My answer to the burning house question: I would grab the kids’ art. And, maybe, a couple pair of really cute shoes.

I’m not much of a collector. So I surprised myself when I bought my 2nd Lucy plate. And totally bowled myself over when I realized one day that I had seven Lucy plates. I hung them in a row above the big kitchen window.

They’re not actually called Lucy plates; they’re the Julia series, more than 500 versions of the same woman painted by artist Piero Fornasetti and produced by German china-maker Rosenthal. I call them the Lucy plates, because the woman’s circular, blue eyes remind me of Lucille Ball.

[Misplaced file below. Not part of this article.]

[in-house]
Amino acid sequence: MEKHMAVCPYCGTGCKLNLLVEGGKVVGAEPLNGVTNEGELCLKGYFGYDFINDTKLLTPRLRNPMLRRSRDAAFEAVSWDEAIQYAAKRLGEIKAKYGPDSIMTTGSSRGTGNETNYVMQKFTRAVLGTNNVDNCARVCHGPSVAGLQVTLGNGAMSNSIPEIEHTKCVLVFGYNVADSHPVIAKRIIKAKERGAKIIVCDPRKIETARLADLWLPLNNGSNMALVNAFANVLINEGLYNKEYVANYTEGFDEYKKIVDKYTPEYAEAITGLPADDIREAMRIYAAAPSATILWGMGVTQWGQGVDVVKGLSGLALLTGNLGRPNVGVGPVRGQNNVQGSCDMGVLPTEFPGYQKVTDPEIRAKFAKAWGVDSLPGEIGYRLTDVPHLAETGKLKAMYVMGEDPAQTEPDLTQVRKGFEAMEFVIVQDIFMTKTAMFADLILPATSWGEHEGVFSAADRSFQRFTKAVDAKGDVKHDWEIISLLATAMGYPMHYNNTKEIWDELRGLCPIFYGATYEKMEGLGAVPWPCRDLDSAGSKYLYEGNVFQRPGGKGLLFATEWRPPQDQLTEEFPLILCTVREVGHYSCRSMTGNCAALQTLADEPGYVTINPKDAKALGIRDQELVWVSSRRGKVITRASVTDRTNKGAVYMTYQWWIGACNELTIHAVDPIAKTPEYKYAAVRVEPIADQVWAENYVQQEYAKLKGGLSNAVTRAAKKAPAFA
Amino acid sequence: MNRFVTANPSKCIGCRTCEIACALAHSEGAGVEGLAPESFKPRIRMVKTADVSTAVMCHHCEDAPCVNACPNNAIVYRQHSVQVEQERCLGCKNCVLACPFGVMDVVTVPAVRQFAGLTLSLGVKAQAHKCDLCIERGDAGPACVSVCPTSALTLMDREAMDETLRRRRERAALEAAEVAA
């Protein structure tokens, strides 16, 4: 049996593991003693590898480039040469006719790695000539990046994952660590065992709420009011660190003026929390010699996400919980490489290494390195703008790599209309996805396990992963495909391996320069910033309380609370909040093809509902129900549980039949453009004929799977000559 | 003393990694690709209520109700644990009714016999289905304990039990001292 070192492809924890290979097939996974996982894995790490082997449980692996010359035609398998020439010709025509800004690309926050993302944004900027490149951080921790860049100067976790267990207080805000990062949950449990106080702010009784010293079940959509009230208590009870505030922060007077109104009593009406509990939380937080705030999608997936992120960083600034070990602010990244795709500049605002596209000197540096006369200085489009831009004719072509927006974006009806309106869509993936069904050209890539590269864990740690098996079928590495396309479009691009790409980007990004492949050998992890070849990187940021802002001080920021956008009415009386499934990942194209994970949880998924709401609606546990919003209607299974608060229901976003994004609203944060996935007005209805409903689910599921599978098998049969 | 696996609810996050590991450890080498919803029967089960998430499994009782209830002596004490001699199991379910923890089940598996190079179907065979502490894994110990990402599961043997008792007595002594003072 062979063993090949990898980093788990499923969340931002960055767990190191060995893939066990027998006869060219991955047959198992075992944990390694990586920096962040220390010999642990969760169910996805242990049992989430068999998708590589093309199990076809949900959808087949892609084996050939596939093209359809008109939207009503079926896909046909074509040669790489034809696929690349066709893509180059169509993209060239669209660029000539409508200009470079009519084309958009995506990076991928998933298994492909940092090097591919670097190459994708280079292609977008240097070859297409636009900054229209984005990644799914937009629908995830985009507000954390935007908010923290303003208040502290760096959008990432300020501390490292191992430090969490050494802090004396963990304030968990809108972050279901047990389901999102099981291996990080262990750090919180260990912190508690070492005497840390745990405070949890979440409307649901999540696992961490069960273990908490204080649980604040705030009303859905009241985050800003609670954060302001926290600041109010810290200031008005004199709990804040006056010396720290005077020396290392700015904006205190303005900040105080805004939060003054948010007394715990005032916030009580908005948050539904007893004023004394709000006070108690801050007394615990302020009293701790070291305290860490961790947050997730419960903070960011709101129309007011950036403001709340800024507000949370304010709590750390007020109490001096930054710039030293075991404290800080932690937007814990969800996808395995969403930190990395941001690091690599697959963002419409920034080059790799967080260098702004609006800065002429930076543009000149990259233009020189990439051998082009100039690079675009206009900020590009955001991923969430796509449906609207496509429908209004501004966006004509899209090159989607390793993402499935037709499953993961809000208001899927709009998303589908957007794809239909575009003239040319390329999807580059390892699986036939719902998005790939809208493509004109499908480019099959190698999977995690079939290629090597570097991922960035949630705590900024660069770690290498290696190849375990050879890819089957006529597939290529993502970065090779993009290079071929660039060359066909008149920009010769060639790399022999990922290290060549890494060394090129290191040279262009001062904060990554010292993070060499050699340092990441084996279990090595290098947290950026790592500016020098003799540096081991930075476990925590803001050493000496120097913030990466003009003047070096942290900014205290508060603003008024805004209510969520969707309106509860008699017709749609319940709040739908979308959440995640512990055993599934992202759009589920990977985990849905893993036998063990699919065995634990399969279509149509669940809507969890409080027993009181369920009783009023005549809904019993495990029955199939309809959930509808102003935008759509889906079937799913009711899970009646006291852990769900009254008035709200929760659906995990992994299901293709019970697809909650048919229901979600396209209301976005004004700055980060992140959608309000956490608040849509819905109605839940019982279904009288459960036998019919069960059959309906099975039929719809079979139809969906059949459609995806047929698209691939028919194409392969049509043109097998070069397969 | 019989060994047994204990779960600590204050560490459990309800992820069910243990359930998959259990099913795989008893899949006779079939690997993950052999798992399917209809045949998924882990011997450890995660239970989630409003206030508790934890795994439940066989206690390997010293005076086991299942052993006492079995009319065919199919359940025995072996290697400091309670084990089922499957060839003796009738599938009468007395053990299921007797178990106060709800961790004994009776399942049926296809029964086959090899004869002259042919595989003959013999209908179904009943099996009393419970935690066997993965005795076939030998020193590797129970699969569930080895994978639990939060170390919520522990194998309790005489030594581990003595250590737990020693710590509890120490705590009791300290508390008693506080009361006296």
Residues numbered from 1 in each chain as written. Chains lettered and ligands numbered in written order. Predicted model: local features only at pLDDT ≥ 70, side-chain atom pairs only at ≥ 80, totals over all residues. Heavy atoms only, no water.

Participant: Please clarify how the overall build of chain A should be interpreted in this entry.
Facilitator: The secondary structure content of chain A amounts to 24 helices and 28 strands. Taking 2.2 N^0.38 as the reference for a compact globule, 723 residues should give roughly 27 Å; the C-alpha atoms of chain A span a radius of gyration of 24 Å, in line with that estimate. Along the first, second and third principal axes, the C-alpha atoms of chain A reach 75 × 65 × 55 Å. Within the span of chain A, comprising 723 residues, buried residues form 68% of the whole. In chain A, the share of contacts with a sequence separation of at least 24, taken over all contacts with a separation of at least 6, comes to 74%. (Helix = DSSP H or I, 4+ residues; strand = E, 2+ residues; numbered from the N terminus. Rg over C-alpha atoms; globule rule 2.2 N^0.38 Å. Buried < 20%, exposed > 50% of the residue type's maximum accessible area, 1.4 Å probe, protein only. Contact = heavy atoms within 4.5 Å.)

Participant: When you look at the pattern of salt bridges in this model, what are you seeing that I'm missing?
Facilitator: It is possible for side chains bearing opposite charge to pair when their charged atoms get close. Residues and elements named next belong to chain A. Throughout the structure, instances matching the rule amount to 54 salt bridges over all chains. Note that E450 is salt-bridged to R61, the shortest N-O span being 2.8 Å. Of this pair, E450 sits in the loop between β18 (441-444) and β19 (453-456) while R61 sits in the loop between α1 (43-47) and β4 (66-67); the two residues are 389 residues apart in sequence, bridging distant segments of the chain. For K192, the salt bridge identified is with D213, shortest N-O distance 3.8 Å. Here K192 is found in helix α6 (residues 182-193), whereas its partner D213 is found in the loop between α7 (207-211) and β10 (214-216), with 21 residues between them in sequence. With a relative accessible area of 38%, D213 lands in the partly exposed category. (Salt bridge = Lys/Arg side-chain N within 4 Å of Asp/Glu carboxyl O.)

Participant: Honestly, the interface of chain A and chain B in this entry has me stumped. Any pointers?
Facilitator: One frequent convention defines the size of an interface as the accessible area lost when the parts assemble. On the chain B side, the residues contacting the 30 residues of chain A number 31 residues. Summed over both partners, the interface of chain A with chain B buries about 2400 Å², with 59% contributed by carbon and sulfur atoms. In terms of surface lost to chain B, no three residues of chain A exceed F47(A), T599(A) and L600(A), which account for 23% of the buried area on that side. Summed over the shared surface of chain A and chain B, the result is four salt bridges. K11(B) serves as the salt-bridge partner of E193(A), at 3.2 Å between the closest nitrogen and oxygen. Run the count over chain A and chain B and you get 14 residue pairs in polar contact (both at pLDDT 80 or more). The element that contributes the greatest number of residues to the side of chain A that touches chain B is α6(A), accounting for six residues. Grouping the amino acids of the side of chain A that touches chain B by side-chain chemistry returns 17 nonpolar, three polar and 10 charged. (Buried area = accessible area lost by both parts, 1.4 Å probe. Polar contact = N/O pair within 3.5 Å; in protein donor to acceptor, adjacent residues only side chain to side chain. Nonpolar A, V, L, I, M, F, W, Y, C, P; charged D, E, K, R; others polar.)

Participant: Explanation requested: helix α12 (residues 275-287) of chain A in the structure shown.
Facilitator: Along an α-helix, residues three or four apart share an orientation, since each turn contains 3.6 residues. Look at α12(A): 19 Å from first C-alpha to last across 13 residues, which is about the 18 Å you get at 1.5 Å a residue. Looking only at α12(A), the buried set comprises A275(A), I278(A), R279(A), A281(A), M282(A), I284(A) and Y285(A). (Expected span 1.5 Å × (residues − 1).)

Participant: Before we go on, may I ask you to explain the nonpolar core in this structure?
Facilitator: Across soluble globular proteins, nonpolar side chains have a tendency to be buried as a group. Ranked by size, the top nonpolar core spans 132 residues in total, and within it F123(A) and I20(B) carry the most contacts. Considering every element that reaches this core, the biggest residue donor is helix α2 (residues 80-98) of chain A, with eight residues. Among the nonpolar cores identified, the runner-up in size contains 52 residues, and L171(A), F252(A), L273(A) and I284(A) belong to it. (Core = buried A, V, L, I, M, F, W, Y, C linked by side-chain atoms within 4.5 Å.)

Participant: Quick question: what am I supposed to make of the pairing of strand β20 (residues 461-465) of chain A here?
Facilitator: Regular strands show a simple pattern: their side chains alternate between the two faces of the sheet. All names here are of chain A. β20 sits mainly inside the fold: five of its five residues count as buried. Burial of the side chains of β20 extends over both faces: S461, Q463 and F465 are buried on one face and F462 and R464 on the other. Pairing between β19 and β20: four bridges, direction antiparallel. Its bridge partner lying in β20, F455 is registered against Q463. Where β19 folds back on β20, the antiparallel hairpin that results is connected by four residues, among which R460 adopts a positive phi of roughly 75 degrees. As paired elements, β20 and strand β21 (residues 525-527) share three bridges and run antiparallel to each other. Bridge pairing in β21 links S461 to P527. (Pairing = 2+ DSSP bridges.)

I took the Lucy plates down when I repainted the kitchen Adams Gold, and I let them collect dust on top of the fridge for a couple years after that. Ocho recently helped me put the plates back up. “What made you get these?” he asked me. “What do they mean to you?”

I loved the question. I just love that kind of thing. I love it when someone says, “Tell me something about you I do…

I've Got the Power!

At least that's what Sherry at "Sage and Thyme" and "Journal of the Wandering Muse" thinks! Thank you for the "Roar for Powerful Words," Sherry! I am really honored to have gotten this from you! I'd like to pass it back to you, (especially for the recent True/False post) but I think that's against the "rules."